DATE OF INTERVIEW:
1st November 2009
METAL DISCOVERY: You’re a couple of dates into the tour now, how were the Glasgow and Wrexham shows?
AARON AEDY: Glasgow…it’s always good when we play there. It was a smaller venue because I think there’s a lot of people playing at the moment, but the venue was sold out and the crowd were fantastic. Wrexham last night was a little quiet, but I’ve been told it’s not the greatest of…but the people that were there were excellent. It was very good. We’re getting on well with the Katatonia lads and the Engel lads…
(Aaron Aedy on the essence of Paradise Lost and the music they create)
"I think we’re willing to experiment and willing to try new things. You start a band because you want to make music for pleasure and if you feel like you’re regurgitating the same thing, it’s not fun. It’s a band that follows its heart."
Aaron Aedy in the Academy, Newcastle, UK, 1st November 2009
Photograph copyright © 2009 Mark Holmes - www.metal-discovery.com
Interview and Photography by Mark Holmes
Widely regarded as pioneering the foundations of what became labelled 'goth metal' (at least in its original incarnation as a subgenre), Paradise Lost's core lineup of Nick Holmes, Greg Mackintosh, Aaron Aedy and Steve Edmondson has admirably remained unchanged in their 21+ years in existence. With the addition of prolific Swedish drummer Adrian Erlandsson (ex-At The Gates/Cradle of Filth) to their ranks at the beginning of 2009, and recently released new album, the rather stunning 'Faith Divides Us - Death Unites Us', proving they still have the ability to compose and make music of melodiously captivating charm, the Halifax metallers look set retain their hegemony within the scene for many years to come. I chatted to guitarist Aaron Aedy before their performance in the Newcastle Academy at the beginning of November about the past, present and future...
MD: Have you toured with Katatonia before or is this the first time?
AA: We were just talking last night, and their first ever tour was supporting us ten years ago. It must have been the ‘Host’ tour.
MD: Happy memories then! That’s quite a journey from Glasgow to Wrexham and then back up to Newcastle!
AA: Well, this got put in late because, originally, yesterday was supposed to be Glasgow and there was a mess up with the dates so we had a day on and then a day off straight away which was a bit odd. So yeah, it’s like a bit of a boomerang thing!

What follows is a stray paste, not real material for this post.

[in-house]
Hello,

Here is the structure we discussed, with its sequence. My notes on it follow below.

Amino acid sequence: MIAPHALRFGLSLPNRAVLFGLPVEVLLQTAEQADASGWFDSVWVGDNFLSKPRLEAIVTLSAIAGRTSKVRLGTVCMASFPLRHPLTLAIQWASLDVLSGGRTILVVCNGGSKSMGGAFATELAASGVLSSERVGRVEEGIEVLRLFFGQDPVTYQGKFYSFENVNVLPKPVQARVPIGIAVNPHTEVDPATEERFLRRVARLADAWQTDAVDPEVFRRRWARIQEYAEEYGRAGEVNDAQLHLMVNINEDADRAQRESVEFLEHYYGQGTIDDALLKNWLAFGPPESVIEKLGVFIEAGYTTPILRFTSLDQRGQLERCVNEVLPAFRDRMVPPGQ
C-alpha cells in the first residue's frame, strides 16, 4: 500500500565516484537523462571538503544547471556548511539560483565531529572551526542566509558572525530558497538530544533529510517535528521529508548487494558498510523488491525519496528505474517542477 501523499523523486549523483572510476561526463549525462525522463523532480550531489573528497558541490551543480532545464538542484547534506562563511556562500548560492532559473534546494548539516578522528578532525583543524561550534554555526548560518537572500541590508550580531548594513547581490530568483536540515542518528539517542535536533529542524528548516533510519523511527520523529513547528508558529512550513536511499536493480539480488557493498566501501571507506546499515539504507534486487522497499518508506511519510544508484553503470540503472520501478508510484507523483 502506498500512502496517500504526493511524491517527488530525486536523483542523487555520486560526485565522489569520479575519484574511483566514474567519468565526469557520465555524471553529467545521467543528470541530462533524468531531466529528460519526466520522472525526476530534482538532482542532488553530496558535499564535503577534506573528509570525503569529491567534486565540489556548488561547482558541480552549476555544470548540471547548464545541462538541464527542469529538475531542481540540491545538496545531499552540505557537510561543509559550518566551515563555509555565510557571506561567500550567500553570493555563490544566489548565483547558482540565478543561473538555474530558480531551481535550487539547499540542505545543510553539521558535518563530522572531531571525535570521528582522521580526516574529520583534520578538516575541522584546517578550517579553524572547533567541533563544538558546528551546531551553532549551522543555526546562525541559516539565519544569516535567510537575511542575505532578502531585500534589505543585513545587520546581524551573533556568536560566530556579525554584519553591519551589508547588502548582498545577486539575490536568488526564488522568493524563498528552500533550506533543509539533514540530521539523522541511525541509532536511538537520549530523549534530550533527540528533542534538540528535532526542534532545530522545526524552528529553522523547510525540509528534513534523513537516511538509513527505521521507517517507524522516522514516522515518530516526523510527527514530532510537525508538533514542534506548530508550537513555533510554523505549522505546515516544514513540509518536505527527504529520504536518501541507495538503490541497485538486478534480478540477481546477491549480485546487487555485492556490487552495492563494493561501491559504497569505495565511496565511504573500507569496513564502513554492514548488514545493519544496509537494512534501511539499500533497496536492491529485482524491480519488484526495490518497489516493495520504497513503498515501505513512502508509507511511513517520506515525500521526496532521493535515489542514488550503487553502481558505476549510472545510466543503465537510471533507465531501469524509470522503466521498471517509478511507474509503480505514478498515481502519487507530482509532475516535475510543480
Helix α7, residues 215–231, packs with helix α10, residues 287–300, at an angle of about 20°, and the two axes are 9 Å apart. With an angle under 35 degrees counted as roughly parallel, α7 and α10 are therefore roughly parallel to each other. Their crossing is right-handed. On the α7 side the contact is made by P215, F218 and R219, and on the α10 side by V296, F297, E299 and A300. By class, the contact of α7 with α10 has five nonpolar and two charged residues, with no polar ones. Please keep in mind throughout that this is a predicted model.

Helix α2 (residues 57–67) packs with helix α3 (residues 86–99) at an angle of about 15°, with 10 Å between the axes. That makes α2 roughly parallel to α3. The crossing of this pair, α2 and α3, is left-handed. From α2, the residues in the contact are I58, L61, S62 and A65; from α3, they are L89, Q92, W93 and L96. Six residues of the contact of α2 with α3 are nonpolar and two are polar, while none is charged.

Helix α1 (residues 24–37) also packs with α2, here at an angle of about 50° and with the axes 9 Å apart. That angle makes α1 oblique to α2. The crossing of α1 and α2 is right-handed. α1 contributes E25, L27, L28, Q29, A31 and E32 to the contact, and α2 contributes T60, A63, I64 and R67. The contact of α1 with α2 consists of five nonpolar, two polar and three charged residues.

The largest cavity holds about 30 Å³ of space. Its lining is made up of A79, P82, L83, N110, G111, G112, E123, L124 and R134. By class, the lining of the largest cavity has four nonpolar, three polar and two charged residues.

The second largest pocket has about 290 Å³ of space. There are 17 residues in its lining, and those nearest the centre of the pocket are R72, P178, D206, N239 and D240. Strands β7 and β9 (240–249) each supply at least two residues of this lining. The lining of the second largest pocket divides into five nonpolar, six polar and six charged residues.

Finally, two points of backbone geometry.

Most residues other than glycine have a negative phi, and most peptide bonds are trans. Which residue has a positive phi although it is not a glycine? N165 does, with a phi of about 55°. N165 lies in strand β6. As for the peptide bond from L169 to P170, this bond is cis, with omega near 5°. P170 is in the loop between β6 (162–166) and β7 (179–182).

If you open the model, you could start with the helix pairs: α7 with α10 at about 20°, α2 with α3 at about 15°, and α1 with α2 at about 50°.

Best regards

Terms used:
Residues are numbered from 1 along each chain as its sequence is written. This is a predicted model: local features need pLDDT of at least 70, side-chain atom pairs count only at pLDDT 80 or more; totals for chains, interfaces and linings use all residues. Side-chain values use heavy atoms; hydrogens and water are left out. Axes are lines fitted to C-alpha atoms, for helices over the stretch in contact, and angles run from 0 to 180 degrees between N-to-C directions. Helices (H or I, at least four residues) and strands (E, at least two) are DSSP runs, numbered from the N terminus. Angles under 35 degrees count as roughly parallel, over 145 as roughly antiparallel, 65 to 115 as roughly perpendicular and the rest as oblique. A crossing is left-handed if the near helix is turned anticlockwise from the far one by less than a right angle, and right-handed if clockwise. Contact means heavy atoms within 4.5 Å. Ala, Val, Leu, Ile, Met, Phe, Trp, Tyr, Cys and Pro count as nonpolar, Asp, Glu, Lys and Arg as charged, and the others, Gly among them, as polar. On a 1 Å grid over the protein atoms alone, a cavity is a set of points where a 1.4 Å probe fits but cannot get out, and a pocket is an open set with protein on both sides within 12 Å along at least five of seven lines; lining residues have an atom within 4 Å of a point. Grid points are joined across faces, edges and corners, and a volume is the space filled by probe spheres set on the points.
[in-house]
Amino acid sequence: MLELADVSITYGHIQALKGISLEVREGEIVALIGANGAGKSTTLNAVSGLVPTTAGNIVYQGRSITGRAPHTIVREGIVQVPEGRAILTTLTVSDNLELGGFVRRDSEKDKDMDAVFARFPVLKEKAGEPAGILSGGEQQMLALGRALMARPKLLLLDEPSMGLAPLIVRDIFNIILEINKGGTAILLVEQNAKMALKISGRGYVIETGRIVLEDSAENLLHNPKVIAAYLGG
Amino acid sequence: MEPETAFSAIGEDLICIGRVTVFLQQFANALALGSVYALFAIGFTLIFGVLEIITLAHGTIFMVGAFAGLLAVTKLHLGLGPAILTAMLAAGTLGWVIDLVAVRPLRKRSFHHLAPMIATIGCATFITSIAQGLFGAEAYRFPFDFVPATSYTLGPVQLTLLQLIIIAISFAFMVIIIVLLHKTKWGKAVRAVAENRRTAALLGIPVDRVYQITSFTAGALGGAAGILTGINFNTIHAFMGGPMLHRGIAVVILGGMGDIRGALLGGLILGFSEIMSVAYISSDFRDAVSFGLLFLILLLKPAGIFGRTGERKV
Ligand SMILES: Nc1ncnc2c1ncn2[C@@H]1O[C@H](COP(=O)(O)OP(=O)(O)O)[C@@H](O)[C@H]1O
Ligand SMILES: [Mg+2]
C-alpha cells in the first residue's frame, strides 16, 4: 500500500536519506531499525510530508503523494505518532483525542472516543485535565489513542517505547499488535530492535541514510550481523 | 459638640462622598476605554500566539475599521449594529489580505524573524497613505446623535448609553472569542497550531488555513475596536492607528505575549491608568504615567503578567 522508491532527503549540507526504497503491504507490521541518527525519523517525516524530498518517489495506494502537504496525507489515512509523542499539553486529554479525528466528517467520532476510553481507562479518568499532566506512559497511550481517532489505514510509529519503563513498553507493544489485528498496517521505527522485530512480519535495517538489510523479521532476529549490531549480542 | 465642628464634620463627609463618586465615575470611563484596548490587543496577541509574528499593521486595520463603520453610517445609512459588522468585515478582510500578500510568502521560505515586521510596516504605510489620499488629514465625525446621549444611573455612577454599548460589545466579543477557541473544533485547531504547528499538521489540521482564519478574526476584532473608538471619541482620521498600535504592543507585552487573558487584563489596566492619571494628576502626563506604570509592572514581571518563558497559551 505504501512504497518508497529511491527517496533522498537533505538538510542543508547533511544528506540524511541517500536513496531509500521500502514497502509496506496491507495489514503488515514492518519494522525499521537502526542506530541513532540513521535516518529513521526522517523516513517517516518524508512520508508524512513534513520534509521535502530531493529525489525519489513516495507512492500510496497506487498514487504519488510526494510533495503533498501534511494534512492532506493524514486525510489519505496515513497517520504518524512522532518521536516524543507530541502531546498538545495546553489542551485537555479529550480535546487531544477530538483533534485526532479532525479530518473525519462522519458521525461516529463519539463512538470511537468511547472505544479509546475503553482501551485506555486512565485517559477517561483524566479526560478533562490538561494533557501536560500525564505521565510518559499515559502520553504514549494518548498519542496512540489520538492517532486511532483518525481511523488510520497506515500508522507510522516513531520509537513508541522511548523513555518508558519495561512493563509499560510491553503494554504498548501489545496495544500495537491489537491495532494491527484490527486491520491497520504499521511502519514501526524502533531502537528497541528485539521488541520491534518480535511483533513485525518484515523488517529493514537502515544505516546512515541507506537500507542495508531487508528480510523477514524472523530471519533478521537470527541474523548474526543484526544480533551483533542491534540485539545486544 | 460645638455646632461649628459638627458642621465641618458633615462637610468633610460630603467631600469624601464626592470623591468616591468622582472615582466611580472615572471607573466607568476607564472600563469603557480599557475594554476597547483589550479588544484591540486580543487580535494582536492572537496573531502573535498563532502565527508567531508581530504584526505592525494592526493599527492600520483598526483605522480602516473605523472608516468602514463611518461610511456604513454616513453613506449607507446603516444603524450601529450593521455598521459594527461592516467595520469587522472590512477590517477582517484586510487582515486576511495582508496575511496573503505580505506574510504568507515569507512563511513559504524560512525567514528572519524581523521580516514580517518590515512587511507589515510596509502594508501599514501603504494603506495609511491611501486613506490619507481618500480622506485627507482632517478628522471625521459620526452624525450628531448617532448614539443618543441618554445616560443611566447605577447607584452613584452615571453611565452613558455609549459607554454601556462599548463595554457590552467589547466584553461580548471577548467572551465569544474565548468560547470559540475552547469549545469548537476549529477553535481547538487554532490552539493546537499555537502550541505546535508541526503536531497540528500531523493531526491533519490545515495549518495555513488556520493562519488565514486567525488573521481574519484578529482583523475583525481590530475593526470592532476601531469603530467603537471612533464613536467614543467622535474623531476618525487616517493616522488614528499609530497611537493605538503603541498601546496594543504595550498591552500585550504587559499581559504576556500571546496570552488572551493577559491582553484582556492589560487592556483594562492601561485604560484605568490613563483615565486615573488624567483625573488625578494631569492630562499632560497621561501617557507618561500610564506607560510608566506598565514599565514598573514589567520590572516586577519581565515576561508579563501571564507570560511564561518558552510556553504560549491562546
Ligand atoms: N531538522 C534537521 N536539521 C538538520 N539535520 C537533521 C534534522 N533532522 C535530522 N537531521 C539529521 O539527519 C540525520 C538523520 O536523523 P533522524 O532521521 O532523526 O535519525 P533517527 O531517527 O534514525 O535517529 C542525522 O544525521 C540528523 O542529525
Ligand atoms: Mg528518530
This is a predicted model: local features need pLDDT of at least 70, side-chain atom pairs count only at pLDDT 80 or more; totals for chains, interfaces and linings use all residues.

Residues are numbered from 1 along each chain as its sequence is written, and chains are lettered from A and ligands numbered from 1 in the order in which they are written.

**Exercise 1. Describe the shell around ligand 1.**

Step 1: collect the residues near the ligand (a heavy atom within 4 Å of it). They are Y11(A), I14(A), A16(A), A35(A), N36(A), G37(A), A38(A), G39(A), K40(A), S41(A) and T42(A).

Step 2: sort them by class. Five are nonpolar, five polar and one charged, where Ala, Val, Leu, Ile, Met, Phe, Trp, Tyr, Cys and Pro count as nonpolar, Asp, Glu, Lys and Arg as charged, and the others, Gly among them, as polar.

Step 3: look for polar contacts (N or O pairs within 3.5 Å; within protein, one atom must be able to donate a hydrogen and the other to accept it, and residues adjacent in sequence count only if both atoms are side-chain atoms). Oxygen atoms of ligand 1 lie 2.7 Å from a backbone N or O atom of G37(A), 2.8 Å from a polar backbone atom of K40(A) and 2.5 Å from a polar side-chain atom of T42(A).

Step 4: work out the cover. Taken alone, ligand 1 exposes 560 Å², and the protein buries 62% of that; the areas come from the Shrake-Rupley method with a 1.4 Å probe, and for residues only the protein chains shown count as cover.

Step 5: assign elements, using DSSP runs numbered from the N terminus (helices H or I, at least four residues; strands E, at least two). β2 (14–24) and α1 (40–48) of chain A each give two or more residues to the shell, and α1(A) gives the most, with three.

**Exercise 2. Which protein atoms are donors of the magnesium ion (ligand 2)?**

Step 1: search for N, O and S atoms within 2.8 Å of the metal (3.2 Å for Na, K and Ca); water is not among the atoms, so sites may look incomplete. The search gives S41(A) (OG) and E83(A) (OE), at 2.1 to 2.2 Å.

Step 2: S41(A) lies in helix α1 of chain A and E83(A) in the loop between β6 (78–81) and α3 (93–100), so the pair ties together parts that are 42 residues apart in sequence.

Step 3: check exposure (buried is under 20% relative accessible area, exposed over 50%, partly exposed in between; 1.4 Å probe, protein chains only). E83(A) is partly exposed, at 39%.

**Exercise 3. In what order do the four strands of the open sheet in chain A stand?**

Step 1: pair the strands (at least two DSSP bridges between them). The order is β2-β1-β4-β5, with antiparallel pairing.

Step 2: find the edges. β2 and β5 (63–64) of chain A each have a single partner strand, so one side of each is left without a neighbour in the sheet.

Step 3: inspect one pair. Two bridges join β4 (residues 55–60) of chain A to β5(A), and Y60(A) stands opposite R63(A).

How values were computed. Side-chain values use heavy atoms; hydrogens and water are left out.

MD: There was an interview with Slayer in The Guardian a couple of days ago where Tom Araya said it takes them a couple of days to get into their stride on a tour. A couple of days into your tour, do you find it’s the same kind of thing?
AA: Yeah, yeah, yeah. It always seems to be like after day two, that’s when you feel the tiredest really….day two, day three, and then day four, your body’s got used to playing live and what you have to do…the cycle of your sleeping. I feel alright today; particularly good, so that’s alright! Me and Steve haven’t got much room on the stage tonight so we might be standing on each other a little bit but, besides that, I’m looking forward to it.
MD: Marvellous. You did the Unholy Trinity dates last year to celebrate your twentieth anniversary and from a fan’s point of view that was one of those dream billings with My Dying Bride and Anathema. How did those shows go, and was it like a big nostalgic trip playing with those two bands again?
AA: The thing is, we’ve known the guys from My Dying Bride since…I’ve known Aaron, the singer, since I was about seventeen, so we’re friends anyway from years ago before we were in bands. And Anathema, one of their first ever shows, they supported us in 1992 I think it was, and they were called Pagan Angel. So it was more like playing with your mates, do you know what I mean, which was kind of cool. But the shows were really good.
MD: Has it actually seemed like twenty years…or it’s twenty one years now actually…?
AA: It’s twenty two in March coming up, so it’s twenty one and a half at the minute.
MD: Has it felt like that many years?
AA: Some mornings when I wake up it feels like twenty one years! [laughs] Other mornings I wake up and still feel like I’m eighteen! So I don’t know, it’s hard to put any timing on it really.
MD: Do you anticipate, or hope, that you’ll carry on for another twenty years?
AA: We hope we carry on until we don’t enjoy it anymore. That’s it; there’s no timeframe on it.
MD: That’s a good answer! I remember seeing you at Bloodstock in 2003 and somebody yelling out, kind of a heckle of “play some older stuff” - is that a regular heckle you get?
AA: No, but it’s weird though because we always stick in some older songs because people ask for them and then you put in one song and there might be two people going bananas for it and then everyone else enjoys the new stuff more, or songs like ‘Erased’ or ‘Say Just Words’…they’re all very popular songs…
MD: Ah yeah, they’ve always got to be in there to please the fans, I guess. At Rockweekend in Sweden this year, the crowd didn’t seem too big - was that a last minute thing the change of stage time?